What if I said I agree with what Secretary of State John Kerry said about the press covering acts of terrorism?
Certainly I’d be betraying some sort of journalistic credo in allowing that, yes, in a way, the press could maybe reduce the number of imitators by not covering terrorist attacks.
In essence, it’s true.
Kerry’s actual words (a transcript is available online through the U.S. Dept. of State) were: “Perhaps the media would do us all a service if they didn’t cover it quite as much. People wouldn’t know what’s going on.”
While our fact-based reporting as journalists may lead many of the impacted population to see the perpetrator as infamous, it’s believable that terrorist organizations — well known as having an effective recruiting network of professional-quality propaganda — use that coverage and flip the message making the perpetrator famous among its supporters.
If all newspapers and other media stepped back from the coverage, terrorist organizations no longer would have that tool.
The coverage also can lead to increased fear: If you don’t know it’s happening, you won’t fear it. An ostrich with its head in the sand, a child at night hiding under the blankets. I get what Kerry was saying.
That one line of a more than 4,300-word speech made headlines and has been widely shared on the Internet.
Snopes.com (a fact checking website) did a fine job of explaining that the one line is part of a larger speech. In that speech, Kerry also stated the benefits of democracy: “There may be no single answer to the question of why somebody becomes a terrorist – there are a lot of reasons. But make no mistake, democracy still provides the most resilient and the most reliable platform that we have for preventing and responding to violent extremism. Why? Because when individuals can address their grievances, when you have an opportunity to come together and speak and not fear that you’re going to go to jail, when you have an ability to be able to talk and argue and fight over an issue, build consensus about facts – that’s the way that civil society is able to flourish: when people can freely participate in public debate and are less vulnerable to being subverted by lies, by distortions, by a fake presentation of a peaceful religion, Islam.”
Kerry bobs and weaves throughout the speech, which was delivered in Dhaka, Bangladesh on Aug. 29. His trip to Dhaka followed a terror attack there in July which killed 21 people. There are many comments of varying topics in Kerry’s speech.
And I understand the need for the United States to strengthen its support of a nation faced with terrorism by sending the Secretary of State.
But while I agree with Kerry that the press not covering terrorism may help to scale back terrorism in some small way, what would be lost is far more important.
When our newspaper group was faced with a suspected terrorist in rural Montesano, the question was never “Will our coverage encourage more terrorists?” The question was: “What information can we get out to our community to let them know what is happening?”
I shop at the grocery store. I shop at the gas station where the accused terrorist was attempting to spread his rhetoric. I have a family here. We wanted answers like everybody else. The thought process was: “There’s a terrorist in our community — Who? OK, are we in danger? Were we in danger? Are there any more? How did this happen here? Is it over? Where’s the evidence?” That’s in no particular order.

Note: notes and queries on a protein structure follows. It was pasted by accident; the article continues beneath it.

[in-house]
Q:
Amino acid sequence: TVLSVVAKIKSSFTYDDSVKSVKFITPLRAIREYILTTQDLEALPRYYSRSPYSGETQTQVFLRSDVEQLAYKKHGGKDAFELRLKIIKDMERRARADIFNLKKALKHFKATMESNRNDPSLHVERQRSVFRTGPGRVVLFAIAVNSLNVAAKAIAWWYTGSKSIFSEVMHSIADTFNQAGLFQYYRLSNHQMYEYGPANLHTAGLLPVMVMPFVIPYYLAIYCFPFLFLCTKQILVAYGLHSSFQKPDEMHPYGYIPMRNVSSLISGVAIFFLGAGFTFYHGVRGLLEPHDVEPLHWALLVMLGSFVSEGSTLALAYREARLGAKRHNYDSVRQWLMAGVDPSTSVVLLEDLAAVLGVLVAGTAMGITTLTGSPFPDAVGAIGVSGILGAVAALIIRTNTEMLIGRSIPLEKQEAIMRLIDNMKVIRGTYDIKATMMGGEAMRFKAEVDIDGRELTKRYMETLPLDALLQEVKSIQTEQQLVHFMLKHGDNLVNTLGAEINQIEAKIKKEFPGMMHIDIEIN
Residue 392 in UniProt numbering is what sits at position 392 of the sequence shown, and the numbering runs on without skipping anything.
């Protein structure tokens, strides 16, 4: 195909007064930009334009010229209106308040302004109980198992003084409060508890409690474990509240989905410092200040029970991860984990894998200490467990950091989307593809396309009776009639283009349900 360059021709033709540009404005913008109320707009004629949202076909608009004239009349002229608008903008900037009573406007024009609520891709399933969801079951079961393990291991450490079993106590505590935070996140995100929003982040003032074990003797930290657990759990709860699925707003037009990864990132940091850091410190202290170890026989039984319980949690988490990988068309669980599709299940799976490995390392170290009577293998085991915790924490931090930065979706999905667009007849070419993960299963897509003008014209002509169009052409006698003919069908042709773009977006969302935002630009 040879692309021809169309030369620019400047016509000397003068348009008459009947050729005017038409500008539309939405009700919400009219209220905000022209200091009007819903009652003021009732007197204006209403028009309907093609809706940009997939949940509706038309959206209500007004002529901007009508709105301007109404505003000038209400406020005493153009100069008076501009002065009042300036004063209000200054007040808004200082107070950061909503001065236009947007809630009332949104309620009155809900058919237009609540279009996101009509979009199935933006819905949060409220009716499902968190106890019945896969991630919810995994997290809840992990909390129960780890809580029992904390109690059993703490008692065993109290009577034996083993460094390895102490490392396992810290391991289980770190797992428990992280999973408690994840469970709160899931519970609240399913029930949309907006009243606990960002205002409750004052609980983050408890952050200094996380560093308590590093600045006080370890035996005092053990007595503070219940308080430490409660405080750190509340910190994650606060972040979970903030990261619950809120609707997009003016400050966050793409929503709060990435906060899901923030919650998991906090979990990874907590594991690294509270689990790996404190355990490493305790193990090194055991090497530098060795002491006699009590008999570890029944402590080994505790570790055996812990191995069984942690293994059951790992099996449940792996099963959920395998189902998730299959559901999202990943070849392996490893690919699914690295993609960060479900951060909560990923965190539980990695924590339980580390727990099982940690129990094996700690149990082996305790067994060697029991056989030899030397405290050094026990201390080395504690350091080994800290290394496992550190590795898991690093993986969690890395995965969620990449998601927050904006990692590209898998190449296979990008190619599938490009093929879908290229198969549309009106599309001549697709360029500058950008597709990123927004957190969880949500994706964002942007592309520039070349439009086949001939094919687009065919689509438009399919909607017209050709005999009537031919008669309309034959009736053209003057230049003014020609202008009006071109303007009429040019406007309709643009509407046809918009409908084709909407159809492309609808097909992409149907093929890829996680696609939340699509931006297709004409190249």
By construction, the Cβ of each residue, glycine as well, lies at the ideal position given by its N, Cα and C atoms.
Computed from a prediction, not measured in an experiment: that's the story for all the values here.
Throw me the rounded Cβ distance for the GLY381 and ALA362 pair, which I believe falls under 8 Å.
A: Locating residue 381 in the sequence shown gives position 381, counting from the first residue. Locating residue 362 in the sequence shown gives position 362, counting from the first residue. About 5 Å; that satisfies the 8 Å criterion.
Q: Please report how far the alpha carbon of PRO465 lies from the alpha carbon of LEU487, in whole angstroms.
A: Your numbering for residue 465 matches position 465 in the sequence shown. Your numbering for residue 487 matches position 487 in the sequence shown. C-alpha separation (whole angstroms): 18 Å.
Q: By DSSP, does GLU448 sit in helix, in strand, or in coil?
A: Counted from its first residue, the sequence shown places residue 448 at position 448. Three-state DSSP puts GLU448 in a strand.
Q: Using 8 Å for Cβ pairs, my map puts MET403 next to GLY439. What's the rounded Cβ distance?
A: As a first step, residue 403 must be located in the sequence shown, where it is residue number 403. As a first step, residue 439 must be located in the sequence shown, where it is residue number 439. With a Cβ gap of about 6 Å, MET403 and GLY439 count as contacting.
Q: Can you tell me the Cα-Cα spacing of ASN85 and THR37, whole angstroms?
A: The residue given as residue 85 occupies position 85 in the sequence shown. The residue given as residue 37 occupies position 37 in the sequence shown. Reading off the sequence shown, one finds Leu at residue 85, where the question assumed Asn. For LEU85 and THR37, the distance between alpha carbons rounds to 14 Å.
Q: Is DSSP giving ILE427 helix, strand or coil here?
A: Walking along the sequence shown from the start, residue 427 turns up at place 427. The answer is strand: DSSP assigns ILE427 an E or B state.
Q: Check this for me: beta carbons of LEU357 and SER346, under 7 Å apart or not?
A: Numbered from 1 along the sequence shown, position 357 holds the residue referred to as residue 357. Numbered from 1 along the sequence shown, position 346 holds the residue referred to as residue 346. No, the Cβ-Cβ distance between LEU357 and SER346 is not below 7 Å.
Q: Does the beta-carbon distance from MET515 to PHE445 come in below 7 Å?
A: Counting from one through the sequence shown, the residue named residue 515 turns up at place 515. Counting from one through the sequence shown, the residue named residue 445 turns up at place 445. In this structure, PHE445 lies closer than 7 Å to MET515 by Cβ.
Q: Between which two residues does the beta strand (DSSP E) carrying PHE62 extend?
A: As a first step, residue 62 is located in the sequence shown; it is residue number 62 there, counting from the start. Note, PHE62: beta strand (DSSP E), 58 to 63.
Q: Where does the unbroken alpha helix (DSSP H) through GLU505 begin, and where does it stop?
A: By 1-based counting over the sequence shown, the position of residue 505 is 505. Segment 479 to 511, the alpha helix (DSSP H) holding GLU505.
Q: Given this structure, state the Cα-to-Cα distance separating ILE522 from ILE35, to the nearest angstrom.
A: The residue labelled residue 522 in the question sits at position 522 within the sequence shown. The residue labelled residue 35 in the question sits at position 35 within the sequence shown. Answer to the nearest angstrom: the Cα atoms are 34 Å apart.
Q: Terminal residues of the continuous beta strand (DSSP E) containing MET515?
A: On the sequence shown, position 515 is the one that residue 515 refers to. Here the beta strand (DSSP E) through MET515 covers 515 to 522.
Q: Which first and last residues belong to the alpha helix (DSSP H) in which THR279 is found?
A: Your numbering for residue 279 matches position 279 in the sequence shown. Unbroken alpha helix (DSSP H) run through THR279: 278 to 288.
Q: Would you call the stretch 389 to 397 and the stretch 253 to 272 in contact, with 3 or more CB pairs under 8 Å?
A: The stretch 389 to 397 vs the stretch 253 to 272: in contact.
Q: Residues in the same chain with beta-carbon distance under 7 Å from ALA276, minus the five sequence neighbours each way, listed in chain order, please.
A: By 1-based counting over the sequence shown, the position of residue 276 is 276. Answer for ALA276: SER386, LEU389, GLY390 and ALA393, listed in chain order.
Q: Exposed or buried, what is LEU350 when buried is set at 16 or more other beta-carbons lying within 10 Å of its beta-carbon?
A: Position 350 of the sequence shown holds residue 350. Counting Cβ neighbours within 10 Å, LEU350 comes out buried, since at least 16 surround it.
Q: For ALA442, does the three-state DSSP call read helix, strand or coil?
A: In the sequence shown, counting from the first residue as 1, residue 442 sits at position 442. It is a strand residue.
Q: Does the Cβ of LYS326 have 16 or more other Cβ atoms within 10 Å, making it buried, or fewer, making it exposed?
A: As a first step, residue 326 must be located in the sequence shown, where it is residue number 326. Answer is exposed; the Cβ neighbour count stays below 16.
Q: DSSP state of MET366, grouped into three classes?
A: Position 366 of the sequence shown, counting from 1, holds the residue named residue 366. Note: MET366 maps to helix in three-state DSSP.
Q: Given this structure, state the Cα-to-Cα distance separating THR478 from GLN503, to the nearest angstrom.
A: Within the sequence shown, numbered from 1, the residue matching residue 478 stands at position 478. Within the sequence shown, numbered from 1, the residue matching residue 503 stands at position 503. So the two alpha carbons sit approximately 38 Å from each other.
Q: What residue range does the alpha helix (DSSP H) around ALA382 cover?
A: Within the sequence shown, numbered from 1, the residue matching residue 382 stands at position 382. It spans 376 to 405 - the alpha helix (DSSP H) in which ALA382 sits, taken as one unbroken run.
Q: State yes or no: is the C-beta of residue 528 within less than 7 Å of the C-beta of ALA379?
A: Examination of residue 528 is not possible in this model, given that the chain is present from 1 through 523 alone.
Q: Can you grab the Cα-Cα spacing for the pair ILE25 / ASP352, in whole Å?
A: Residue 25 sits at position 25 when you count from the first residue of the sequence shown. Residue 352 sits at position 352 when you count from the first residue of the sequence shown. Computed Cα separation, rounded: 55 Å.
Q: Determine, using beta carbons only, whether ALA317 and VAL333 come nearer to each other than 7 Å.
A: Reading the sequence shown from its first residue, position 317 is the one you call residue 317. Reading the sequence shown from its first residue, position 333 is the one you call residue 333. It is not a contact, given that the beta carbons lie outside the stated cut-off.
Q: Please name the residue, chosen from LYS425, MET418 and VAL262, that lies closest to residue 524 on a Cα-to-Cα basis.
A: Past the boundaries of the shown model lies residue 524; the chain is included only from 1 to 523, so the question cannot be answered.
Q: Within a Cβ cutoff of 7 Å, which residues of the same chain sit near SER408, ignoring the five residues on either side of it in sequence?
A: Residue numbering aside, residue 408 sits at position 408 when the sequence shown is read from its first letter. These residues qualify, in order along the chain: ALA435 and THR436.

Not only do we, as journalists, put it upon ourselves to report the most important news of our communities, we’re also supported by the First Amendment of the United States Constitution.
I’ve heard stories from World War II claiming the British media withheld coverage of German attacks on cities in order to make the Germans believe they missed the mainland. As a person who likes to learn about history, that’s fascinating. As a journalist, it’s strange and somewhat troubling.
The next paragraph of Kerry’s speech hits closer to the reality of the situation: “There may be no single answer to the question of why somebody becomes a terrorist – there are a lot of reasons.”
I wholeheartedly agree with that as well.
If we had an isolationist policy in our government (meaning, in the most lax definition, that we worry about what’s happening at home and only at home), we could maybe eliminate some terrorism.
If we hadn’t spent decades involved in the affairs of the Middle East and the countries in the northern African continent, maybe we wouldn’t be dealing with so much terrorism. That includes the Gulf War, Afghanistan War, the Iraq War, and enforcing the former no-fly zone, as well as diplomatically pushing to enforce sanctions against Iran. And those are events just from within my cognizant lifetime.
If we didn’t give airtime to politicians and comedians and the general man-on-the-street interviewee who embody what the extremists claim — namely anti-Muslim and racist rhetoric —maybe we wouldn’t be dealing with so much terrorism.
But like limiting what the press covers (even self-censorship is censorship), what we would lose is much worse that what would be gained.
In working with other nations, we ensure mutual safety and aid. We should not turn a blind eye to the complications of politics in the Middle East. And while it’s disgusting that people can be openly ignorant about other cultures, the First Amendment protects that in almost the same way it protects the press.
So be sane.
And don’t treat the press as a scapegoat.
If we don’t uphold our standards as a nation and if we deny the freedom of press to cover for our ineffective national security efforts, terrorists will get a victory.
I’m already tired of taking my shoes off at the airport — don’t take away my freedom of press.